In the IBWT vertical green supply chain coordination model, the IBWT supplier offers the distributors a revenue sharing contract in which the IBWT supplier charges a lower wholesale price w i to the distributors. The revenue sharing strategy provides a strong incentive to the distributors to buy more water and sell in lower retail prices p i to promote more demand on water q i . The distributors either accept or reject the contract. If the distributors accept, they will share a proportion of their net revenues and investment costs of WGL improvement ϕ to the IBWT supplier in return. In other words, ϕ is the revenue-cost keeping rate of the distributors and 0 ≤ ϕ ≤ 1. The distributors will share a fraction of his net revenue and investment costs of WGL improvement (1 − ϕ) to the IBWT supplier; the transferring revenue and cost from the ith distributor to the IBWT supplier is T i = ( 1 ϕ ) [ ( p i c d i ) q i ( p i , g i ) ] + 1 2 ϕ h g i 2 . Hence, the ith distributor’s profit function and the IBWT supplier’s profit function are as follows:
Π D i = ( p i w i c d i ) q i ( p i , g i ) w e i T i
Π S = i = 1 n [ ( w i + λ i s k = 1 i c k ) q i ( p i , g i ) + T i ] + i = 1 n w e i c f
Under the revenue-cost sharing contract, the ith distributor’s optimal problem is formulated as follows:
max p i   Π D i ( p i ) = ( ϕ p i w i ϕ c d i ) q i ( p i , g i ) 1 2 ϕ h g i 2 w e i
Solving the first-order condition and the second-order derivative of the optimal problem w.r.t. the water retail price p i respectively, we can obtain the reaction function of the water retail price p i w.r.t. the water usage price w i , and the reaction function of ordering quantity q i w.r.t. the water usage price w i , as follows:
p i d ( w i , g i ) = 1 2 b ( a i + b c d i + θ g i ) + 1 2 ϕ w i
Plugging g i c ( s ) into p i d ( w i , g i ) , we can obtain
p i d ( w i , g i c ( s ) ) = 1 2 b h θ 2 [ h a i 1 2 θ 2 ( c d i + k = 1 i c k λ i s ) ] + 1 2 c d i + 1 2 ϕ w i
Under the revenue sharing contract, to achieve the IBWT green supply chain coordination, it is necessary to achieve the coordinated condition p i d ( w i , g i c ( s ) ) = p i c ( s ) . Then, we have the coordinated wholesale price w i c ( s ) = ϕ ( k = 1 i c k λ i s ) for the IBWT supplier.
Therefore, the reaction function of optimal profit of the IBWT supplier Π S c and the distributors’ Π D i c w.r.t. the government subsidy factor s under the revenue sharing contract are shown below:
Π S c ( s ) = ( 1 ϕ ) h 2 ( 2 b h θ 2 ) i = 1 n [ a i b ( c d i + k = 1 i c k λ i s ) ] 2 + i = 1 n w e i c f
Π D i c ( s ) = ϕ h 2 ( 2 b h θ 2 ) [ a i b ( c d i + k = 1 i c k λ i s ) ] 2 w e i
Obviously, as the revenue-cost keeping rate ϕ increases, the water distributors’ net profit increases, and the IBWT supplier’s net profit decreases.

5.2. Nash Bargaining between Local Supplier and External Supplier within the IBWT Horizontal Green Supply Chain

This section investigates the decision models in the IBWT horizontal green supply chain of the supply chain coordination model through a Nash Bargaining game (superscript c: coordination).
Plugging w i c and q i c ( s ) into the profit functions of the local supplier and the external supplier in the IBWT horizontal green supply chain, we can get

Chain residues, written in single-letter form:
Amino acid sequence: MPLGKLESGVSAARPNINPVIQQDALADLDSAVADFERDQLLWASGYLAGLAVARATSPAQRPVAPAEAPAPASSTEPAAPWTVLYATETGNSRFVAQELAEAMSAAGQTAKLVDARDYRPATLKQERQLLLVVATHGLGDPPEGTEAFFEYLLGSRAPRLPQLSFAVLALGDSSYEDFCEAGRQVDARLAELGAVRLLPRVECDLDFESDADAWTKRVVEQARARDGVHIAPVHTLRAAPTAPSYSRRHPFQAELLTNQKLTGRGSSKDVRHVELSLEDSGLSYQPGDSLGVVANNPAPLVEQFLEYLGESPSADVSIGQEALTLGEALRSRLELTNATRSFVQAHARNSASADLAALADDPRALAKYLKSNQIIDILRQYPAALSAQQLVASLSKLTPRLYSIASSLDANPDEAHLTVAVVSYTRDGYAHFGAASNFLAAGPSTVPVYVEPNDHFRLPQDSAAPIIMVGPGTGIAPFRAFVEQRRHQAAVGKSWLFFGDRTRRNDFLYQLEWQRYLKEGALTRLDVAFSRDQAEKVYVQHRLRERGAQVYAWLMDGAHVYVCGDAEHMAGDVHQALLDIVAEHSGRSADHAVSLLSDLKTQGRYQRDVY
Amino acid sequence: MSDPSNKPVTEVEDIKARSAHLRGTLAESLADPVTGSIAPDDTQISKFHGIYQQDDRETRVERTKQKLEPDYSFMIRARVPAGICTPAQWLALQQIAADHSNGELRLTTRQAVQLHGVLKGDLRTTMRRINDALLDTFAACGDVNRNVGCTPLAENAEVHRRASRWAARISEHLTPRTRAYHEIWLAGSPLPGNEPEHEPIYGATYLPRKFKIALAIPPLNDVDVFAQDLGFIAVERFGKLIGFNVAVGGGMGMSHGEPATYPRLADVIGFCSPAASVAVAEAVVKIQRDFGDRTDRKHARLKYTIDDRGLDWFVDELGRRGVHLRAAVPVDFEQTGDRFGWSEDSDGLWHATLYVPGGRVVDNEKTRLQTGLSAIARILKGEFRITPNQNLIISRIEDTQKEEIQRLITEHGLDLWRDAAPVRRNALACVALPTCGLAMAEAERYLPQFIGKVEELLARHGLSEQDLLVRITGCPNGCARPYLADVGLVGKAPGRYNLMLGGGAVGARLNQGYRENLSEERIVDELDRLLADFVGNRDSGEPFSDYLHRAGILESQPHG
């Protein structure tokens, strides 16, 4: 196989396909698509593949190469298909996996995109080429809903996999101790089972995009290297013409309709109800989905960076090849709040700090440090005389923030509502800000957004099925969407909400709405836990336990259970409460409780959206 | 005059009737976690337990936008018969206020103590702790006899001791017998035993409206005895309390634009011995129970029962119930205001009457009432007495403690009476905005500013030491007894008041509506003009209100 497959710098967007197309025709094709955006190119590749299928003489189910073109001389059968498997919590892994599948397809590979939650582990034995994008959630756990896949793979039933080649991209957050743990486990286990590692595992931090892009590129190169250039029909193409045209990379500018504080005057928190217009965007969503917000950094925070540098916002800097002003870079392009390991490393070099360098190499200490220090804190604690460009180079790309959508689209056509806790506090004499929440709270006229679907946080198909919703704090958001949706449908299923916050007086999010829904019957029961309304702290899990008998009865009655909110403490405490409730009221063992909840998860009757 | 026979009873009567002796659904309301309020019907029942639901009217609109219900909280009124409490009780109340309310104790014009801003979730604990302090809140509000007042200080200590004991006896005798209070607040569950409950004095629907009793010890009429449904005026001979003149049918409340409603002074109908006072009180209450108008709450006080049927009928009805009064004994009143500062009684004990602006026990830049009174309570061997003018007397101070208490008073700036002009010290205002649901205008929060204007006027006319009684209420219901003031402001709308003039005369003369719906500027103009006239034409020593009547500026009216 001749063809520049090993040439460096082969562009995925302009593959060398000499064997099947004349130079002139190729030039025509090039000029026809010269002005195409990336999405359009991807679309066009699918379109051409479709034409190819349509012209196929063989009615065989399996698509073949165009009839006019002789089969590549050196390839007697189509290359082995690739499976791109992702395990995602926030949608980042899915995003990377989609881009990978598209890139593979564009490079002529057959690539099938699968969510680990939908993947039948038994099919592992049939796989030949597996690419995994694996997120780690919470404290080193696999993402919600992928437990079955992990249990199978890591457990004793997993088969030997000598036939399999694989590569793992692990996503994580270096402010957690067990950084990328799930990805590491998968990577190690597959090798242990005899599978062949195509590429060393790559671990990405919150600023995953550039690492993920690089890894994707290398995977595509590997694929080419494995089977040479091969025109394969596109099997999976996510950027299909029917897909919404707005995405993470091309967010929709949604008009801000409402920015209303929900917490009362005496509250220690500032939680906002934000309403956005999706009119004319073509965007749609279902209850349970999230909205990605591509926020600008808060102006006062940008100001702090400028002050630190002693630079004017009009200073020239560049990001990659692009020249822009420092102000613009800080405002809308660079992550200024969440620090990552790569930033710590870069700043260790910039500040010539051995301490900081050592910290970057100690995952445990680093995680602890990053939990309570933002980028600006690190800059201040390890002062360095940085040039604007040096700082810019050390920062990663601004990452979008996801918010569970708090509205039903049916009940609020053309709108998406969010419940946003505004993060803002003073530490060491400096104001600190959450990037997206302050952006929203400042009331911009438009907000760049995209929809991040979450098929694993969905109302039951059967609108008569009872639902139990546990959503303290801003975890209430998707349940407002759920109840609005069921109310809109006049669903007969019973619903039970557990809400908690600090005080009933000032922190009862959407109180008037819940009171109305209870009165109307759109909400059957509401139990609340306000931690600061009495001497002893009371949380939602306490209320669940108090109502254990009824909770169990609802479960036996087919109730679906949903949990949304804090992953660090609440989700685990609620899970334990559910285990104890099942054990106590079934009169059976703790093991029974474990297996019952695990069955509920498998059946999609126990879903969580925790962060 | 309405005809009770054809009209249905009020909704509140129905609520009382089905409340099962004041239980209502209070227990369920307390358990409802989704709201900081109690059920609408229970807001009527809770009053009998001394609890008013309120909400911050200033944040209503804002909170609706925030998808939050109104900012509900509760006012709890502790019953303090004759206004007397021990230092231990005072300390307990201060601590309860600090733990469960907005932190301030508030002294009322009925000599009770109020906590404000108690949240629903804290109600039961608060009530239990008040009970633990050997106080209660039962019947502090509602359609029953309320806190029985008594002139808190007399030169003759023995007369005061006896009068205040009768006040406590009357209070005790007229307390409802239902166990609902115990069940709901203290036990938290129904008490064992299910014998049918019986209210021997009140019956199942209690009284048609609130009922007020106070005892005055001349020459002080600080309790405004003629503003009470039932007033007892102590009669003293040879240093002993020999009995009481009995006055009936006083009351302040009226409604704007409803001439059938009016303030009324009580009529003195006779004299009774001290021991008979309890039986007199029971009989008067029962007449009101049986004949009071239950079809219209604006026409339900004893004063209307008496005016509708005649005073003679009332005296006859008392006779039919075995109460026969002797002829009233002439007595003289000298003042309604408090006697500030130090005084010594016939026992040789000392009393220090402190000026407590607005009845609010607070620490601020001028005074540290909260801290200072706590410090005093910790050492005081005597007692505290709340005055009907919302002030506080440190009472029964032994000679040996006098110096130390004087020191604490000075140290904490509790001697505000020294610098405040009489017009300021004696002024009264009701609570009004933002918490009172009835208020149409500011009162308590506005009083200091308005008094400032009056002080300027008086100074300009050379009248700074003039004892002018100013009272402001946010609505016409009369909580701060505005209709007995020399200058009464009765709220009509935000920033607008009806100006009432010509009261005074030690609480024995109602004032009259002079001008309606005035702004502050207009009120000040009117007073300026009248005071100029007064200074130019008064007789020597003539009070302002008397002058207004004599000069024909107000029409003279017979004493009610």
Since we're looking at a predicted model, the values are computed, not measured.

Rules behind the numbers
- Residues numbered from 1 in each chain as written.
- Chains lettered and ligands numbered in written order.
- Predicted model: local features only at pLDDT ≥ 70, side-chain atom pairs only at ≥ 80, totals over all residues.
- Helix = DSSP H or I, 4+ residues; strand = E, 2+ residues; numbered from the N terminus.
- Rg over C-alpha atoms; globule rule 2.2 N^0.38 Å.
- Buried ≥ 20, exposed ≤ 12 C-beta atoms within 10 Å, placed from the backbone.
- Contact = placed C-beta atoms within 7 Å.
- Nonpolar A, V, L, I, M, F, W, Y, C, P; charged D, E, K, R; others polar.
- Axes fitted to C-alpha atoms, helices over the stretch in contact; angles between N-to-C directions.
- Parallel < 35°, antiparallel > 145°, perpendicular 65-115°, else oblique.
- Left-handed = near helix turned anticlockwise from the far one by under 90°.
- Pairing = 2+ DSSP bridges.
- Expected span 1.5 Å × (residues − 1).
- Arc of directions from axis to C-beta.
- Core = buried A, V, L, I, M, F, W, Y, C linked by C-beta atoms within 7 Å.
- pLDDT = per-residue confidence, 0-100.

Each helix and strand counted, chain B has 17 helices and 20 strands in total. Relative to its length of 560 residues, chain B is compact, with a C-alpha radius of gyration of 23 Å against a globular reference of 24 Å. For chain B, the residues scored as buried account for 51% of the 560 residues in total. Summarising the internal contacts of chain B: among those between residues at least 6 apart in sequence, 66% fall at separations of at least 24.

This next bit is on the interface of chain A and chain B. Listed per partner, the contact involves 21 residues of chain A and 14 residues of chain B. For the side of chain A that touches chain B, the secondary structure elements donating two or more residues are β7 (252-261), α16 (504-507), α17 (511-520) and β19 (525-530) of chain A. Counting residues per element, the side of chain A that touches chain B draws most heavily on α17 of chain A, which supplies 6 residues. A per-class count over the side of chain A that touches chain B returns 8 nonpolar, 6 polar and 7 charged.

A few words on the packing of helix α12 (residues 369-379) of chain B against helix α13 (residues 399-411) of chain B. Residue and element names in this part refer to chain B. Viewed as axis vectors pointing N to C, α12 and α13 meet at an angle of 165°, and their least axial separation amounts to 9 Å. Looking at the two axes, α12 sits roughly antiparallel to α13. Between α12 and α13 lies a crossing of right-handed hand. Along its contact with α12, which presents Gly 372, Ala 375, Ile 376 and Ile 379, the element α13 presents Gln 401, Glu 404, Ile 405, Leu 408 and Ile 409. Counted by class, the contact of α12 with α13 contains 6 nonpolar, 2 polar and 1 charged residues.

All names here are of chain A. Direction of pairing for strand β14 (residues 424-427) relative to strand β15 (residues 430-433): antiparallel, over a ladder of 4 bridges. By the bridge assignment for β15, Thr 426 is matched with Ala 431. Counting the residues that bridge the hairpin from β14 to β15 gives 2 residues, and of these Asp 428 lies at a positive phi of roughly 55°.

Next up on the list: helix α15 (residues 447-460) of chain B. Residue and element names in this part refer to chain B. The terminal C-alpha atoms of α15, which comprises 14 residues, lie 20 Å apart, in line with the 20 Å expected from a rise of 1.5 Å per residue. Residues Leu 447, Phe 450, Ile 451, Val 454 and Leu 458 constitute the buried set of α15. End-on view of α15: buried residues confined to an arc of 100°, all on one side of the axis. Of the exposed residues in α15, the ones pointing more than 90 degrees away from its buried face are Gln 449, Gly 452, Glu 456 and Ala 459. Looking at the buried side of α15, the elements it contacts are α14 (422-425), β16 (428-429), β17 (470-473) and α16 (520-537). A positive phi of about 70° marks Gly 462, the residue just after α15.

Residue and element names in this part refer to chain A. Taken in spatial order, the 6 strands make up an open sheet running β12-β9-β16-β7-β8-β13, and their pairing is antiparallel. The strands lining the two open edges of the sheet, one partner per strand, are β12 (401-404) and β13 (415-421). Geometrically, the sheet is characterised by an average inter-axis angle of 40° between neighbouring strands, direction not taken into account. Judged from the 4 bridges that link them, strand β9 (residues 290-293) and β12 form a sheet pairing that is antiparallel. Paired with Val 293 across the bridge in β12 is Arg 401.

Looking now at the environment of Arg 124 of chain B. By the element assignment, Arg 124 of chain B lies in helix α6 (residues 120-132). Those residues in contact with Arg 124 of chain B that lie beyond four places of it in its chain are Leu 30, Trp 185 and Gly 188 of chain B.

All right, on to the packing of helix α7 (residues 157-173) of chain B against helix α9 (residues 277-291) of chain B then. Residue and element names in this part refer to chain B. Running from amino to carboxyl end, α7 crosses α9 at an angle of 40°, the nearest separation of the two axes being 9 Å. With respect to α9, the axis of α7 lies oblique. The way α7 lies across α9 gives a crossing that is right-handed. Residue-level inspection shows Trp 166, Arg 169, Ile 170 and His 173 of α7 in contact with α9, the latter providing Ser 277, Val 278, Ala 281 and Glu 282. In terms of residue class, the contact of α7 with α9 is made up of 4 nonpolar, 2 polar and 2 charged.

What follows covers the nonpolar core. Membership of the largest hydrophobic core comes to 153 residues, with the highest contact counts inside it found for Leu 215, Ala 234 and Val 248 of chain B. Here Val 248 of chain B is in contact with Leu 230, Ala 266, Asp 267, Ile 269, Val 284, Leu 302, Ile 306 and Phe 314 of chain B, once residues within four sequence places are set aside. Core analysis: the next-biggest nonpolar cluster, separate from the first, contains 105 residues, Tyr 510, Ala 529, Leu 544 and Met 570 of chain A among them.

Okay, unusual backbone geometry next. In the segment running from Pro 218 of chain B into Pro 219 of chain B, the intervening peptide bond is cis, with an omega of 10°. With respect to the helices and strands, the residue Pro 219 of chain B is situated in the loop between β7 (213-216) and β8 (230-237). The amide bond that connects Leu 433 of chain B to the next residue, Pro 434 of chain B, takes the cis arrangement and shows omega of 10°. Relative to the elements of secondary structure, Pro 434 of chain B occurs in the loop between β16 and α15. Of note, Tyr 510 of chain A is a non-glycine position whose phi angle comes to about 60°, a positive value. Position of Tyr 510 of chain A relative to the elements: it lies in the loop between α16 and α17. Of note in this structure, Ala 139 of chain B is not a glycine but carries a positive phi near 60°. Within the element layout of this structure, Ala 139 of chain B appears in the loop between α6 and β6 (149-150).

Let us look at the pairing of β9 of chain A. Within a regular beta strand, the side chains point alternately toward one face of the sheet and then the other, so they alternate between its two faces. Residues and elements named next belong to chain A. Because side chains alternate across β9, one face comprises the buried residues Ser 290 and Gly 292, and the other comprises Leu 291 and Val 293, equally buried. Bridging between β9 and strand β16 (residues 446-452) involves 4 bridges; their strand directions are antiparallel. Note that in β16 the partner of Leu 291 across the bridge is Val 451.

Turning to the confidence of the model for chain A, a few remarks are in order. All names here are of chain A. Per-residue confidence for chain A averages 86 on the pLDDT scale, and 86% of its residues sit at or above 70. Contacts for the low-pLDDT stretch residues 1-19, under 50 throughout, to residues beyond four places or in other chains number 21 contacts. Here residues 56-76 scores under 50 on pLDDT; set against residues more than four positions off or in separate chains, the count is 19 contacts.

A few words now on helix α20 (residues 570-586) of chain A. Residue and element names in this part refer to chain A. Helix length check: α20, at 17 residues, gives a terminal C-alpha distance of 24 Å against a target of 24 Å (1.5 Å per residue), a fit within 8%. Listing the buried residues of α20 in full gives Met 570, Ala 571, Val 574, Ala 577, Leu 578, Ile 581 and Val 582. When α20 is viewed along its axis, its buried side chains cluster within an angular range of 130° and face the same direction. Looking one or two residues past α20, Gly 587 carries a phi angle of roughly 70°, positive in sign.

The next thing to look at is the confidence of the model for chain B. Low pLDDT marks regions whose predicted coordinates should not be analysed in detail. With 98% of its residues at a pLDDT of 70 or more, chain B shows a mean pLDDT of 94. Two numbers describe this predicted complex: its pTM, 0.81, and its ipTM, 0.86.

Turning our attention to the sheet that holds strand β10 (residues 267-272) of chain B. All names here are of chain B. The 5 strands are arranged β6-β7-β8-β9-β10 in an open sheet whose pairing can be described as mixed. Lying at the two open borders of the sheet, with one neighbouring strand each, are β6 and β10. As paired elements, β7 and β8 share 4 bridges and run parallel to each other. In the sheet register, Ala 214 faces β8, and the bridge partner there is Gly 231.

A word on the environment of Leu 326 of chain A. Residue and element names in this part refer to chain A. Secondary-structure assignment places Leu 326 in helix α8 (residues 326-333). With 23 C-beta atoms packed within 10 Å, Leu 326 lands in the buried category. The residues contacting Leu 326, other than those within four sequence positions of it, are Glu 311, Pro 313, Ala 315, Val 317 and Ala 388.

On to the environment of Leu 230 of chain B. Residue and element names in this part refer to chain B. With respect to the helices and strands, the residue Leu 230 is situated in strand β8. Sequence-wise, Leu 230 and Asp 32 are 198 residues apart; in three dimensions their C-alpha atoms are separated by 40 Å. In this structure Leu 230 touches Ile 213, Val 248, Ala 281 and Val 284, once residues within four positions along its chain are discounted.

Π L S c ( w , s ) = ( 1 ϕ ) h 2 ( 2 b h θ 2 ) i = 1 m [ a i b ( c d i + k = 1 i c k λ i s ) ] 2 + i = 1 m w e i c f l + b h 2 b h θ 2 w i = m + 1 n [ a i b ( c d i + k = 1 i c k λ i s ) ]
Π E S c ( w , s ) = ( 1 ϕ ) h 2 ( 2 b h θ 2 ) i = m + 1 n [ a i b ( c d i + k = 1 i c k λ i s ) ] 2 + i = m + 1 n w e i c f e b h 2 b h θ 2 w i = m + 1 n [ a i b ( c d i + k = 1 i c k λ i s ) ]
Likewise, asymmetric NBS to the maximization problem for bargaining over the wholesale price w is as follows:
max w π ( w ) = [ Π L S c ( w , s ) ] τ [ Π E S c ( w , s ) ] 1 τ s . t . Π L S c ( w , s ) + Π E S c ( w , s ) = Π S c ( s )     w > 0
Solving the first-order condition and the second-order derivative of the optimal problem w.r.t. the wholesale price w , respectively, we can obtain the reaction function of bargaining wholesale price w c w.r.t. the government subsidy factor s as follows:
w c ( s ) = W c ( s ) i = m + 1 n q i c ( s )
Hereinto,
w c ( s ) = τ [ ( 1 ϕ ) h 2 ( 2 b h θ 2 ) i = 1 n [ a i b ( c d i + k = 1 i c k λ i s ) ] 2 + i = 1 n w e i c f ] [ ( 1 ϕ ) h 2 ( 2 b h θ 2 ) i = 1 m [ a i b ( c d i + k = 1 i c k λ i s ) ] 2 + i = 1 m w e i c f l ]

5.3. IBWT Green Supply Chain Coordination with the SWM

Likewise, we express the social welfare function SW for the IBWT green supply chain as S W = i = 1 n [ 1 b ( a i q i 1 2 q i 2 + θ g i q i ) ( c d i + k = 1 i c k ) q i 1 2 h g i 2 ] c f . Plugging q i c ( s ) into the social welfare function for the IBWT green supply chain, the optimal problem for the social welfare of IBWT green supply chain is formulated as follows:
max s   S W ( s ) = i = 1 n { 1 b a i q i c ( s ) 1 2 b [ q i c ( s ) ] 2 + 1 b θ g i c ( s ) q i c ( s ) ( c d i + k = 1 i c k ) q i c ( s ) 1 2 h [ g i c ( s ) ] 2 } c f
Solving the first-order condition and the second-order derivative of the optimal problem w.r.t. the subsidy factor s , respectively, when the condition b h > θ 2 holds, we can obtain the reaction function of optimal subsidy factor s c w.r.t. the ratio λ i as follows:
s c ( λ i ) = h [ a 1 b ( c d 1 + k = 1 1 c k ) ] ( b h θ 2 ) λ 1 = = h [ a i b ( c d i + k = 1 i c k ) ] ( b h θ 2 ) λ i = = h [ a n b ( c d n + k = 1 n c k ) ] ( b h θ 2 ) λ n
Combining and solving the above equations with the condition i = 1 n λ i = 1 , we can obtain the optimal allocation ratio λ i c as follows:
λ i c = a i b ( c d i + k = 1 i c k ) i = 1 n [ a i b ( c d i + k = 1 i c k ) ]